Got nothing to do with privilege – just basic physical facts that we can’t change.

                      This country can support as many people as need be

                      No it can’t. It can only support however many that it can support. We don’t know what number is because we’ve never asked the question. Instead we’ve only ever assumed that it can always hold more which is delusional.

                      So I’m not going to call you right-wing but I am saying you are a conservative

                      If you think that then you’ve never understood what I’ve written.

              • RedLogix

                I should answer your questions.

                And you and I have been around this one before but tell me – how has your attitude changed (if it has) by being over in Oz.

                It’s plain from the ‘boat people’ issue in the NT that this kind of challenge has no good solutions. There is doubt that the human trafficking that is at the root of this is an evil trade. No country wants to be part of that.

                And after spending an entire election campaign where they couldn’t shut-up about the boat people issue, now they are in power they’ve treating it with intense secrecy – on the principle of ‘out of sight, out of mind’. So far it’s working for Abbot. Not so great for the refugees and the violence and abuse that is going on out of sight.

                Where I am in Ballarat is still mostly white. People like it that way, the place is generally very friendly, laid-back and a lot less ‘stressed’ than living in NZ in some ways. We’ve found it remarkably easier to make friends and ‘fit in’. In a candidly selfish fashion it’s made for a pleasant change of atmosphere. No doubt as you do when you spend a week on a marae in your own cultural space.

                But that isn’t true of Australia as a whole.

                There remains an evolving relationship with the ‘traditional owners’. While there will always be the overt and noxiously racist underbelly in other ways the Aboriginal people as a whole seem to get more respect than Maori do in New Zealand. But then again I’ve been too busy to have anything other than the most superficial impression.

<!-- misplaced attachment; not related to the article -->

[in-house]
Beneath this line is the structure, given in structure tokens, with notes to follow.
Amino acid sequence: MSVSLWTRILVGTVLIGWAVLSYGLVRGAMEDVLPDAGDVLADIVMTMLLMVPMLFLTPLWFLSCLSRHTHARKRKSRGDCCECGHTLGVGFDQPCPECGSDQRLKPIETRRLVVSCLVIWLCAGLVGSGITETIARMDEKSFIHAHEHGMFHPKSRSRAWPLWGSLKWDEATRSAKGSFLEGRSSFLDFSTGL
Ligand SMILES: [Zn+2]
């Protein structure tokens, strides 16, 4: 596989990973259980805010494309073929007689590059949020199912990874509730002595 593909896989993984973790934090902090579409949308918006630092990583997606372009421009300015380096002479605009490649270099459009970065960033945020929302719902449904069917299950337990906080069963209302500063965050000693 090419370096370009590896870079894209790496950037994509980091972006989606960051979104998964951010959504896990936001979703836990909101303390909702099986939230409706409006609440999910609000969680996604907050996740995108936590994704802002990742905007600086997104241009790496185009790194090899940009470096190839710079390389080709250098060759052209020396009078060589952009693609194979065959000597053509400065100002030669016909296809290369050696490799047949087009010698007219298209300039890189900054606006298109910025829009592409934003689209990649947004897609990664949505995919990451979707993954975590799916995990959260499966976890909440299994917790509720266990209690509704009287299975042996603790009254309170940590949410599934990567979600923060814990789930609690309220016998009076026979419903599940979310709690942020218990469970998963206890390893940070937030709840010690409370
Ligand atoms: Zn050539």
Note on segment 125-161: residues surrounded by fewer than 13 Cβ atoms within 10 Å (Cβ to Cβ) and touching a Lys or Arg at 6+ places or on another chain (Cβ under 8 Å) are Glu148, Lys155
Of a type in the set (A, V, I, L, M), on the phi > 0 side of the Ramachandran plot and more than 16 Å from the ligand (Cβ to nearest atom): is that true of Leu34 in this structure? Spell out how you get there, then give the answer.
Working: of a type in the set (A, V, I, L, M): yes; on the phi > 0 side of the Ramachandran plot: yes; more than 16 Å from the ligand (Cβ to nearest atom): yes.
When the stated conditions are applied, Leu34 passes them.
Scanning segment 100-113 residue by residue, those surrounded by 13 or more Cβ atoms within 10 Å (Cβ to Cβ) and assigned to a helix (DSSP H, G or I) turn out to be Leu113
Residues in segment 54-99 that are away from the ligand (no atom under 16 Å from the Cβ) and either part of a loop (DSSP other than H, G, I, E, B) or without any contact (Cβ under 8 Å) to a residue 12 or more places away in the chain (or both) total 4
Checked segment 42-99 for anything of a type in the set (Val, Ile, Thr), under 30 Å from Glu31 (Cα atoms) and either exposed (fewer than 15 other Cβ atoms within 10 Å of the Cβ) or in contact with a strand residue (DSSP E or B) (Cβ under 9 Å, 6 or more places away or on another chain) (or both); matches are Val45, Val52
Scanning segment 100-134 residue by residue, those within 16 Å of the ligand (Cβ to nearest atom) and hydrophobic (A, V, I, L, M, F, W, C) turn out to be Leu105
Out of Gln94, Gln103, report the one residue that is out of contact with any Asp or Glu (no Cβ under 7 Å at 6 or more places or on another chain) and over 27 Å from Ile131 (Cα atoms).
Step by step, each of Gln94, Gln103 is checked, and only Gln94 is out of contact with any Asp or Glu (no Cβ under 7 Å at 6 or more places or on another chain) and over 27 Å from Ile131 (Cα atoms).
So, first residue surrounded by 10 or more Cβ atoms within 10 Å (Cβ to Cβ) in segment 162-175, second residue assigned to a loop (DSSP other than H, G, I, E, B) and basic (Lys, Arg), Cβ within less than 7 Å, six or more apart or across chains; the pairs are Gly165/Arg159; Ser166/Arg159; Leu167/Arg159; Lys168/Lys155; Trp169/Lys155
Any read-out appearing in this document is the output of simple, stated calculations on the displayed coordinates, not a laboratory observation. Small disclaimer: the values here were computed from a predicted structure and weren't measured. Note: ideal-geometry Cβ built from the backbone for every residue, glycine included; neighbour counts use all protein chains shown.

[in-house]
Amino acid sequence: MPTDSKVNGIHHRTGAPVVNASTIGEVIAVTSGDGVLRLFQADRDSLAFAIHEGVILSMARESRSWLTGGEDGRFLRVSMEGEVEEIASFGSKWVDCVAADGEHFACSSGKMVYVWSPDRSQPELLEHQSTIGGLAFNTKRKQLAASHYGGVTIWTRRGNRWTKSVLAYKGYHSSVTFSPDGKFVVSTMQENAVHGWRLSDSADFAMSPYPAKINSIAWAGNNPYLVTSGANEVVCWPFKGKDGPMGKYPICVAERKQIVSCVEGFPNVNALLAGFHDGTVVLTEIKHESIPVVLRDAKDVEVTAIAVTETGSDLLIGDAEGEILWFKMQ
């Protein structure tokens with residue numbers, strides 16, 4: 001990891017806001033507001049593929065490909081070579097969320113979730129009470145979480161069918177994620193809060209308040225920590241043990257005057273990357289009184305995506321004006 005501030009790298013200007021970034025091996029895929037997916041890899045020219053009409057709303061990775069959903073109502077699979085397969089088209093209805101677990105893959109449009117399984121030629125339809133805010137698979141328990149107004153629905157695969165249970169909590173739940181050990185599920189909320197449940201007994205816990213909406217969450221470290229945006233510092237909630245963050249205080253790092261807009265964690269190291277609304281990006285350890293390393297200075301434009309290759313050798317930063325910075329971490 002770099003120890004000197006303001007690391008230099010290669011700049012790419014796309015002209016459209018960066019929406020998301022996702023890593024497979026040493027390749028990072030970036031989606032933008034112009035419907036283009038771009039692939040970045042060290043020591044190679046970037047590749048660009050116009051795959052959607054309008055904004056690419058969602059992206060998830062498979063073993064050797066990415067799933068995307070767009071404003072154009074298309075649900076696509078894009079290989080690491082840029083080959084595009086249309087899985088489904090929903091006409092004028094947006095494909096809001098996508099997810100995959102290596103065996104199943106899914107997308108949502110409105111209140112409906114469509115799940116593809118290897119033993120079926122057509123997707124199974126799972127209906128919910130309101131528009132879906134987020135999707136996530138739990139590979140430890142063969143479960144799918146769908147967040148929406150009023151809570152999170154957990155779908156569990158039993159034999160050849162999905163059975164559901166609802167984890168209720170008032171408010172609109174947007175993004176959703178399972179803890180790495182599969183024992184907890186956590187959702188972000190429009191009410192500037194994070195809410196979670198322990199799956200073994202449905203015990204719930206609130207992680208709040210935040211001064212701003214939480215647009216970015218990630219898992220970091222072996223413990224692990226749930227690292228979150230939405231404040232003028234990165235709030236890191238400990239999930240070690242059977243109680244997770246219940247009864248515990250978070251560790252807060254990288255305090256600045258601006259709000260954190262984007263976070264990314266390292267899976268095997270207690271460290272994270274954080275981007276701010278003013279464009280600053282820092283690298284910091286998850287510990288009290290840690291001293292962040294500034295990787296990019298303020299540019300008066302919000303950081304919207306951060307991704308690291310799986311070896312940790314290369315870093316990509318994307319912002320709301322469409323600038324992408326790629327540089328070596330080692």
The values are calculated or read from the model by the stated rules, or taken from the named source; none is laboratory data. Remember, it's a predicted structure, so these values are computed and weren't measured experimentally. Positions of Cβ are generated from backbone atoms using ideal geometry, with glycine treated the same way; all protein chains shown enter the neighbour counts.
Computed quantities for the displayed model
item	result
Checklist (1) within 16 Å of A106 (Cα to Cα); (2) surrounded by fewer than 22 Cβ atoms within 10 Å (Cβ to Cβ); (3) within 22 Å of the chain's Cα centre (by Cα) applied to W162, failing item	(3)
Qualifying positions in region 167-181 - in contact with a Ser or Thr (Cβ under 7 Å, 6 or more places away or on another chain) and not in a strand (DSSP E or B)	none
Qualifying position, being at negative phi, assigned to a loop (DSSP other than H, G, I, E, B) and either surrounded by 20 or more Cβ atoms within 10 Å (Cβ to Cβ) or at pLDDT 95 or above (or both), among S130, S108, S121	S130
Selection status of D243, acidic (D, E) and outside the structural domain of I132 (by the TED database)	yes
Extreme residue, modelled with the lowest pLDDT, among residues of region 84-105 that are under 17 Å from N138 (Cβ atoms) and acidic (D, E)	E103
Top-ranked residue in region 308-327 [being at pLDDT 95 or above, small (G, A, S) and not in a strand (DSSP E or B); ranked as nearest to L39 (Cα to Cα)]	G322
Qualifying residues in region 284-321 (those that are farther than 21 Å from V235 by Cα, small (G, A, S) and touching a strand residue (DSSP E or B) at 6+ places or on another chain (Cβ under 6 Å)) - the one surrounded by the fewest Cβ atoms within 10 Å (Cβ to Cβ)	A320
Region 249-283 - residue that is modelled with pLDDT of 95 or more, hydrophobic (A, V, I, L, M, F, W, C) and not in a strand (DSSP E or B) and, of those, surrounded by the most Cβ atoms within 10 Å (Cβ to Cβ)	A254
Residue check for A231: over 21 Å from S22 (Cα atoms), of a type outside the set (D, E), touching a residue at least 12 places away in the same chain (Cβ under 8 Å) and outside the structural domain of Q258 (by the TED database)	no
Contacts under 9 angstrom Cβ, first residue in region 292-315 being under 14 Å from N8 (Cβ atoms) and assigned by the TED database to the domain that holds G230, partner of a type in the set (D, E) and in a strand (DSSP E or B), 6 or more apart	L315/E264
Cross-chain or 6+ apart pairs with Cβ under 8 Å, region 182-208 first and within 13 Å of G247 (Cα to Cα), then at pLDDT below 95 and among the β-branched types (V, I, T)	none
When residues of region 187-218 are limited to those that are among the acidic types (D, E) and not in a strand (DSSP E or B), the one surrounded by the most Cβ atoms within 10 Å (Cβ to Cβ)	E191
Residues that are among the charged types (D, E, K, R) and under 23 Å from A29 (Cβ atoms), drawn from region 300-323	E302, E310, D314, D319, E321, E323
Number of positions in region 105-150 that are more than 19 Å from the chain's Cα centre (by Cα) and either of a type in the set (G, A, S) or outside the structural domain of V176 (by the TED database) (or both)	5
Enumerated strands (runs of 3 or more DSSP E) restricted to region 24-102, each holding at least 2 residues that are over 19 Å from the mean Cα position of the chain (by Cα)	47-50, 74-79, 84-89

And as far as I know Melbourne has become a deeply divided city, with distinct ethnic ghettos. There is no question that many Australians are still grappling with the very rapid rate of ethnic change that has occurred in recent decades.

                Do you think you’ll be allowed back in here if the gates were closed?

                In practical terms we’ll be back before that is likely. But you raise a good question. There are some 620,000 kiwi guest workers over here and eventually most of them have to return to NZ. How that’s going to play out is anyone’s guess.

                Having that many ‘stateless’ kiwis stranded on the wrong side of the Tasman would be ugly to say the least.

    • Murray Olsen 3.2

      If it gets as bad as you say, we’ll be invaded anyway, possibly by the Americans. Aotearoa will be set up as a climate refuge for Wall St bankers and other assorted scum. They might let you live to empty the night soil cart, although they’re more likely to give those esteemed positions to people they know they can trust, like mid level NAct cabinet ministers. They’ll bring in their own people for security, probably whatever Blackwater will be calling itself by then.

      As much as you and Chooky offer your services scanning the horizon with binoculars, you’ll be surplus to requirements. Sorry about that.

      • Chooky 3.2.2

        @ Murray Olsen….ha ha…hadnt thought of that! ….must go out and buy some binoculars!..i guess i need to make some sort of reply here:

        1)….i do think we have a duty of care to Pacific Islanders whose islands sink…( but then a lot of NZ will also sink)

        2)….i dont have much sympathy for mass immigration from huge overpopulated countries in this day and age of contraception….because it usually means the women are oppressed …no education or self-determination ( NZ has a proud culture and record of womens’ rights…and we are half the population , remember !…China has an excess of 20 million males?)